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Haney Med Term ch7

Haney Medical term c7- KS

QuestionAnswer
The body contains three types of muscles. What are they? Skeletal muscle, smooth muscle, and cardiac muscle.
What are skeletal muscles also known as? Voluntary muscles
What are smooth muscles also called? Visceral muscles
Thin sheet of fibrous connective tissue that penetrate and cover the entire muscle, holding the fibers together. Fascia
A specialized type of muscle that forms the wall of the heart? Cardiac muscle
The point of attachment of a muscle to a bone that is less movable. Origin
Muscles that act without conscious control. Involuntary muscles
Muscles that operate under conscious control. Voluntary muscles
Muscles that attach to the bones of the skeleton. Skeletal muscle
Muscles that are found on the walls of hollow organs and tubes such as the stomach, intestines, respiratory passageways, and blood vessels. Smooth muscle
Muscles that have a striped appearance when viewed under a microscope. Striated muscle
Wasting away Atrophy
A reduction in size. Contraction
Pain in the joints. Arthralgia
A strong fibrous band of tissue that extends from a muscle, attaching it to the bone. Tendon
The main part of the body, to which the head and the extremities are attached. Trunk
Muscles of internal organs Visceral muscle
This muscle forms most of the fleshy part of the buttock. Gluteus maximus
A muscle that has two heads, both of which originate from the scapula and insert on the radius. Biceps brachii
A muscle that has three head, which originate from the scapula and the humerus and insert onto the olecranon process or the ulna. Triceps brachii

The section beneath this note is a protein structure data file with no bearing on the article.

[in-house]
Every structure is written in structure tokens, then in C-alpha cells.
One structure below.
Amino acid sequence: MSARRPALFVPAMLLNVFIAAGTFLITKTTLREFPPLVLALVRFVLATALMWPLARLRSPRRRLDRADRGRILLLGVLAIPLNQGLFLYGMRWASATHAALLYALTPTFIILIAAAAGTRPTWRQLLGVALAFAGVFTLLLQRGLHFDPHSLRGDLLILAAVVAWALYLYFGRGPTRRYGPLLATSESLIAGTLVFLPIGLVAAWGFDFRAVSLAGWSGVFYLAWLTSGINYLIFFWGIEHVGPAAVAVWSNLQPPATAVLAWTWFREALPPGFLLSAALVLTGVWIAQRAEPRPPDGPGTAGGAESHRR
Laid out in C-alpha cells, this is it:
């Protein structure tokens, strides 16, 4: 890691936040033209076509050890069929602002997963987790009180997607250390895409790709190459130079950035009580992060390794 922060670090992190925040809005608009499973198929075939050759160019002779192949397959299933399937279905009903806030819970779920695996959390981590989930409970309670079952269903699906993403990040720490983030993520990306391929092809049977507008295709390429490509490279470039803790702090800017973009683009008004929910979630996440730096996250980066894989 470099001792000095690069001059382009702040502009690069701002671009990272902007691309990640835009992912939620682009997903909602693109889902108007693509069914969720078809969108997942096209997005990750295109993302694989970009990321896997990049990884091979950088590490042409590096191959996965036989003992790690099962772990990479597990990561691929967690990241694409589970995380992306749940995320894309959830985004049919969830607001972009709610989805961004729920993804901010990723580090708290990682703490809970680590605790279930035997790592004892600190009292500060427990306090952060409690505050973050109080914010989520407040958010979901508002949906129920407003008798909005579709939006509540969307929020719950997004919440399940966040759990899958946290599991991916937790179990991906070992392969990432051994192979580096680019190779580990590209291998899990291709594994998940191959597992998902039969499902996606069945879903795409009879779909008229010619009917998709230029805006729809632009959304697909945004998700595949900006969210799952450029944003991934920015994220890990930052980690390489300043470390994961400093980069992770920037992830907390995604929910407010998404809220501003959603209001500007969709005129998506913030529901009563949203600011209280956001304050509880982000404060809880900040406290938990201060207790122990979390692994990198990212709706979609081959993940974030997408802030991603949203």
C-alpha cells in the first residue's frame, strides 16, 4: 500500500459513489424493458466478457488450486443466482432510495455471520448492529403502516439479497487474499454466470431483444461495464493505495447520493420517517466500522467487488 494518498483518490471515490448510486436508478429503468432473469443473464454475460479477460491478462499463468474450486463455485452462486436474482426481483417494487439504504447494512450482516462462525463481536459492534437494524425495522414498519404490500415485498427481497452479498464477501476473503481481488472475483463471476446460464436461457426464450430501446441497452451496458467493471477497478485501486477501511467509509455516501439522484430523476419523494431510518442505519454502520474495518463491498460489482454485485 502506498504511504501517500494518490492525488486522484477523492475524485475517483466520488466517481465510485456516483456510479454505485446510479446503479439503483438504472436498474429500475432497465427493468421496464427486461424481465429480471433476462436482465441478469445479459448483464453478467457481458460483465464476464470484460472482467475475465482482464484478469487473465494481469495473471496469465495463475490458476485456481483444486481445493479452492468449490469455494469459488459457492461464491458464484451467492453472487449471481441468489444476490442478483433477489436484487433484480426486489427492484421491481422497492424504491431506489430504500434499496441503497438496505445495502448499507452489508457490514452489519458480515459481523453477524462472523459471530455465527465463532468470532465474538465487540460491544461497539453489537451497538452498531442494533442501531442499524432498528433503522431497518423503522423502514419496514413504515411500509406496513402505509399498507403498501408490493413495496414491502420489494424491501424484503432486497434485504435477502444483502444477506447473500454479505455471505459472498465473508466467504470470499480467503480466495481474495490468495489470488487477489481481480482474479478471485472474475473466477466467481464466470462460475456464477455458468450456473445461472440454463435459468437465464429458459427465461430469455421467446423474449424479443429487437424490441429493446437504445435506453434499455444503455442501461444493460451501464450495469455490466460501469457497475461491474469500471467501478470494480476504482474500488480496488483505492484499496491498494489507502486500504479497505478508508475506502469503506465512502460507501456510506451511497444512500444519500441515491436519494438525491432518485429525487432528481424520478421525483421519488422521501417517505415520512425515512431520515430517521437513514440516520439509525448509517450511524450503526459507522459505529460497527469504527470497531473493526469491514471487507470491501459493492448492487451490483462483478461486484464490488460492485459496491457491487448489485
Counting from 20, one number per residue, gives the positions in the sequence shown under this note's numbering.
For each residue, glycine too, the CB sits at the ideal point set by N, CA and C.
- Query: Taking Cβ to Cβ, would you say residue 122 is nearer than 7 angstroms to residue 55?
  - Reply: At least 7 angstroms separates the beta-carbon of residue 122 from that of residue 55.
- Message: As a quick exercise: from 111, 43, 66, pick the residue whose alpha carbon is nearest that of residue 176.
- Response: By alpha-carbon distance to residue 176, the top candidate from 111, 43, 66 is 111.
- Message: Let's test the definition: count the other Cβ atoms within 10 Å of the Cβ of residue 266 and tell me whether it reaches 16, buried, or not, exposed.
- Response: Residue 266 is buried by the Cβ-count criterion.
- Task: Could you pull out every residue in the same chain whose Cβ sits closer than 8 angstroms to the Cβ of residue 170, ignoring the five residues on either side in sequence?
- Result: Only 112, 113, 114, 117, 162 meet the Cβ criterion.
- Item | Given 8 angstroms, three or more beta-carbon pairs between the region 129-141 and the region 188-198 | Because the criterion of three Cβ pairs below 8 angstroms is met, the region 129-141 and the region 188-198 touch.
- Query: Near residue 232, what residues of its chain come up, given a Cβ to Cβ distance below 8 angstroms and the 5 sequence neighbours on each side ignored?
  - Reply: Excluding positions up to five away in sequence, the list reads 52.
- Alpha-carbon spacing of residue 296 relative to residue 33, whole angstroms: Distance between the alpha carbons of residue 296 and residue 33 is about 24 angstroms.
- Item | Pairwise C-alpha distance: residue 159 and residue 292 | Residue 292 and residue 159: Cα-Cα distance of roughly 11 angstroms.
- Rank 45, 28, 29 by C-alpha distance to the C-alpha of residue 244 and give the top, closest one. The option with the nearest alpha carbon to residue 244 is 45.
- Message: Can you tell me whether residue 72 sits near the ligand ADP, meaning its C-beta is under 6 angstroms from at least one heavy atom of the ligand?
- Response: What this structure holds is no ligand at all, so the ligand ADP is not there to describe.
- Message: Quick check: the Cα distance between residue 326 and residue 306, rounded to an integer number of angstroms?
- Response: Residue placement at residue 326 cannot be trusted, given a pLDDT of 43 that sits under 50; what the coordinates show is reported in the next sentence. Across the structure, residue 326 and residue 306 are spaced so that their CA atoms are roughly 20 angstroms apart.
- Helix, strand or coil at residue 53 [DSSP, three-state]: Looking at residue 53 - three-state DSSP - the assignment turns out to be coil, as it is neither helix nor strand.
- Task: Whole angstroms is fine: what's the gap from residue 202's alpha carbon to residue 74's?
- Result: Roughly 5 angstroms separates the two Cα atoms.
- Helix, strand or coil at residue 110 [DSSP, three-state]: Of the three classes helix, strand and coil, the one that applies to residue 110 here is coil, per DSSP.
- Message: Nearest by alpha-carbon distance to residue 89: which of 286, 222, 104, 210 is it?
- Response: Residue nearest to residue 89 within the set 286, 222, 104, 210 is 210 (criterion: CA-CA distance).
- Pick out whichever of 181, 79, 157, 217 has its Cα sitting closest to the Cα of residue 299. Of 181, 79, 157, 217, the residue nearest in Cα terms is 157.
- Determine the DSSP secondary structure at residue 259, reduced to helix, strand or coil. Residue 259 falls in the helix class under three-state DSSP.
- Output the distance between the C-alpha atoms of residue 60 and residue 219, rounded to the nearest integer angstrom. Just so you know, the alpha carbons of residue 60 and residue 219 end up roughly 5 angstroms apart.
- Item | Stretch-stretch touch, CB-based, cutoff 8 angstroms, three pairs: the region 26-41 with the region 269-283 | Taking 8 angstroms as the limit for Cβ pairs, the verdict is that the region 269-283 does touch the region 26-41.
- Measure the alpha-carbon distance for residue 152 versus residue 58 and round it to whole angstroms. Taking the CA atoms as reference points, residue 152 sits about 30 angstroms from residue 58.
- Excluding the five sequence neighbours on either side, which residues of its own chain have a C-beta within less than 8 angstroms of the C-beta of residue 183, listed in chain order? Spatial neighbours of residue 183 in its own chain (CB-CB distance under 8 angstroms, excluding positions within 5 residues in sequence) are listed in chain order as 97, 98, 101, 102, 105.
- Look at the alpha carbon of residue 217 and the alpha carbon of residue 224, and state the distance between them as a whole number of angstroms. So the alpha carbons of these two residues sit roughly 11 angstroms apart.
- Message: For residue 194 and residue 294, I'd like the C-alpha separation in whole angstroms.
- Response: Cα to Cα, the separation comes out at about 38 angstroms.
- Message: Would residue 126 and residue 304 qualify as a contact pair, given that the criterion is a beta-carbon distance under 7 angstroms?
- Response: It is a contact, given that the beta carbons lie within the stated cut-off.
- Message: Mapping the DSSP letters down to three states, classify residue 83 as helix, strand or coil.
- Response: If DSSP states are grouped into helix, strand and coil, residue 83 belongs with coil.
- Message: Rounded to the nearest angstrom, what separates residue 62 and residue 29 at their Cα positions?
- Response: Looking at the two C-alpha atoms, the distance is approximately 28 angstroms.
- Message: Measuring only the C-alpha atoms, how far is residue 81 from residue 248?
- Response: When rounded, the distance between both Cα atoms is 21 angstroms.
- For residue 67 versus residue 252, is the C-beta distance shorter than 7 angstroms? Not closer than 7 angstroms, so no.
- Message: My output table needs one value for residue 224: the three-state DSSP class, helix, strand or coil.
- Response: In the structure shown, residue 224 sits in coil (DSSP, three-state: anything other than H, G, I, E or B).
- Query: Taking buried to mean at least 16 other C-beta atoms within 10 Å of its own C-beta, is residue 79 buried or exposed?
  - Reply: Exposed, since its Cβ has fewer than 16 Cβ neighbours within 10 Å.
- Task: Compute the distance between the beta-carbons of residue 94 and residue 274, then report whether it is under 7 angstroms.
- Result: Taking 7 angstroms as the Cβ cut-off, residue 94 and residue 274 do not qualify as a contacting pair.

This muscle covers the shoulder joint. Deltoid
A large, fan-shaped muscle that crosses the upper part of the chest. Pectoralis major
A triangular-shaped muscle that extends across the back of the shoulder, covers the back of the neck, and inserts on the clavicle and scapula. Trapezius
Muscle located above and near the ear. Temporal
Muscle located at the fleshy part of the cheek. Buccinator
Muscle located at the angle of the jaw. Masseter
An injury to the body of the muscle or attachment of the tendon, resulting from overstretching, overextention, or misuse. Strains
In this type of joint the surfaces fit closely together. It is immovable. Fibrous joint
In this type of joint the bones are connected by cartilage. It allows limited movement. Cartilaginous joint
In this type of joint the bones have a space between them. It allows free movement. Synovial joint
This type of joint allows movement in one direction- a back and forth type of motion. Hinge joint
This type of joint allows movement in many directions around a central point. Ball-and-socket joint
A straightening motion. Increases the angle between two bones. Extension
The movement of the bone away from the midline of the body. Abduction
The movement of the bone toward the midline of the body. Adduction
The movement that involves the turning of a bone on it's own axis. Rotation
The act of turning the palm up or forward. Supination
The act of turning the palm down or backward. Pronation
Narrows the angle between the leg and the top of the foot. Dorsiflexion
Increases the angle between the leg and the top of the foot. Plantar flexion
The movement of an extremity around in a circular motion. Circumduction
The point at which two joints come together. Articulation joint
A small sac that contains synovial fluid. Bursa
The manual forcing of a joint back into it's original position without making an incision. Closed manipulation
The space between two connecting bones. Joint cavity
Connective tissue bands that join bone to bone, offering support to the joint. Ligament
A vague feeling of weakness. Malaise
Kyphosis Humpback
The insertion of a needle into a cavity for the purpose of withdrawing fluid. Needle aspiration
Increased reaction of the skin to exposure to sunlight. Photosensitivity
Inflammation of the joints. Arthritis
An abnormal enlargement of the joint at the base of the great toe. Bunion
A cystic tumor developing on a tendon. Ganglion
Created by: Katiekons